personal circumstances have been recognized where the health of an employee mandates abandonment, Director of the Div. of Employment Sec. v. Fitzgerald, 382 Mass. 159 , 161-162 (1980) (claimant justifiably left believing that continuing her job as a welder could endanger her pregnancy), and where relocation is required due to personal circumstances. Director of the Div. of Employment Sec. v. Fingerman, 378 Mass. 461 , 464 (1979) (claimant's decision to relocate with her husband, who had secured employment in California, justified departure). Mere inconvenience, however, will not be regarded as a sufficiently compelling reason to leave one's employment. See Uvello v. Director of the Div. of Employment Sec., 396 Mass. 812 , 815 (1986) (claimant refused evening shift because she had responsibility for making dinner, but other adults lived in the household).
The plaintiff urges us to find that a "compelling and necessitous" reason should include a case where her good-faith expectation of another means of livelihood is unfulfilled for reasons beyond her ability to control or foresee. Tn this case, a review examiner found that "[t]he claimant left work to start her own business. Leaving work for this reason, regardless of whether her plans materialized, was [not] . . . for urgent, compelling, or necessitous reasons." This finding is supported by substantial evidence. See Abramowitz v. Director of the Div. of Employment Sec., 390 Mass. 168 , 172 (1983). The plaintiff cannot show that she was compelled to leave Hi Tech for necessitous or urgent reasons. See Jahn v. Director of the Div. of Employment Sec., 397 Mass. 61 , 62-63 (1986)(claimant who voluntary sells his business cannot receive unemployment benefits); Abramowitz v. Director of the Div. of Employment Sec., supra at 172-173 (claimant who notifies partner that he intends to leave business because of financial losses has left employment voluntarily and cannot receive unemployment compensation). See also LeBeau v. Commissioner of the Department of Employment and Training, 422 Mass. 533 , 536 n.6 (1996).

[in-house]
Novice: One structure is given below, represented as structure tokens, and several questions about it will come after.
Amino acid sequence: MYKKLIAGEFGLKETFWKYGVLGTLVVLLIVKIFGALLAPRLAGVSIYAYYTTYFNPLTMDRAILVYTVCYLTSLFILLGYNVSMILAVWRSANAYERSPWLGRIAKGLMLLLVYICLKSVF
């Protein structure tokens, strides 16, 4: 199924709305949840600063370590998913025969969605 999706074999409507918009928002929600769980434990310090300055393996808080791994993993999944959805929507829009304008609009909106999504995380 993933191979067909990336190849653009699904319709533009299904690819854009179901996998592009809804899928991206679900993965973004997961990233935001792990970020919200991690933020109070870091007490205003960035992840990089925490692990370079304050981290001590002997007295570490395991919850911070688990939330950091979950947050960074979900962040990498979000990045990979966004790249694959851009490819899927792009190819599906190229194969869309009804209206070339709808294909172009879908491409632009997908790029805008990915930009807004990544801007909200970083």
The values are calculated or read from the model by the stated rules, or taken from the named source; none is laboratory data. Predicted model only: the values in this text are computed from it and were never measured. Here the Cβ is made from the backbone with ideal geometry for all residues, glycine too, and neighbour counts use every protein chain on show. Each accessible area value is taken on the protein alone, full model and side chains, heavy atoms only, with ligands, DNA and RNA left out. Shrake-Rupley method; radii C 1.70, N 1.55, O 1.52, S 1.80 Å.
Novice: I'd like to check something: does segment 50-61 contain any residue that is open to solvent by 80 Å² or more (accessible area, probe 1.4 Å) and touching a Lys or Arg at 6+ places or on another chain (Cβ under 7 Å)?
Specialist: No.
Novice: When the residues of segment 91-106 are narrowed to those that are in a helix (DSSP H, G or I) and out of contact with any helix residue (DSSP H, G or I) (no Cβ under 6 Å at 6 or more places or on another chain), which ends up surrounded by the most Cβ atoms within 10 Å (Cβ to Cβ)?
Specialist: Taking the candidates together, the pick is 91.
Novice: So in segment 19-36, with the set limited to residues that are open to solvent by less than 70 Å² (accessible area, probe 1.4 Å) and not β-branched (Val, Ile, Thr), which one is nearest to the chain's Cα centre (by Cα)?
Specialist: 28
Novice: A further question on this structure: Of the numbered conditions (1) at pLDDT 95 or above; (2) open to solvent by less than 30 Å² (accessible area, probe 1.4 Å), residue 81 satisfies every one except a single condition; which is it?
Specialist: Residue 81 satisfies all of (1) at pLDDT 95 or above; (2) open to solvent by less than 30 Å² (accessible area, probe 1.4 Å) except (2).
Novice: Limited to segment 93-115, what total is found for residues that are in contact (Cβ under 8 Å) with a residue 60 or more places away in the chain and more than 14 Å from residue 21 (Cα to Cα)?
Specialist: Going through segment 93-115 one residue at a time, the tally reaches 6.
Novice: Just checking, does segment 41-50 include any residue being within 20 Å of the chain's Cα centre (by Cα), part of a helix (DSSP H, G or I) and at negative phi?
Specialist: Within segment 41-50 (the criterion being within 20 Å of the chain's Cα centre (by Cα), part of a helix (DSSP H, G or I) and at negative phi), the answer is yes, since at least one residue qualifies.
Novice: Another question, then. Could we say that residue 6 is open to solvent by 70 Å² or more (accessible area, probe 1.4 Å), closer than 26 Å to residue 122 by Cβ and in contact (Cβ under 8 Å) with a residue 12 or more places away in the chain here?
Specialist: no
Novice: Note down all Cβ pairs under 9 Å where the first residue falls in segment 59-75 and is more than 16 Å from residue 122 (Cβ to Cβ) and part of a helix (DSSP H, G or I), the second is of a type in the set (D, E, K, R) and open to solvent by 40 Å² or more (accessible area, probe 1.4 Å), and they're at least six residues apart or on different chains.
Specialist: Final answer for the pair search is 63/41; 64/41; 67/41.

2. Separation from new employment. The plaintiff argues, in the alternative, that her failed effort at self-employment, through no fault of her own, is an involuntary termination of employment "for good cause attributable to the new employing unit" under G. L. c. 151A, s. 25(e). Therefore, she urges, she should not be disqualified from receiving unemployment compensation benefits.
The plaintiff does not qualify for this exception because the evidence does not show that she left her employment with Hi Tech to "accept new employment" within the meaning of the statute. "Employment" is defined in G. L. c. 151A, s. 1(k), as. amended through St. 1977, c. 720, s. 2, as "service . . . performed for wages or under any contract, oral or written, express or implied, by an employee for his employer...." Moreover, G. L. c. 151A, s. 2, as amended by St. 1971, c. 940, s. 2, specifically excludes from the definition of "employment" circumstances where an individual "has been and will continue to be free from control and direction in connection with the performance of. . . services." The statute does not contemplate unemployment compensation for one who leaves employment to start a business of her own. Thus, the defendant did not err in denying the plaintiff unemployment compensation benefits.
[Note 1] Hi Tech Mold & Tool, Inc.
[Note 2] Hi Tech did not appear in the District Court action and this appeal.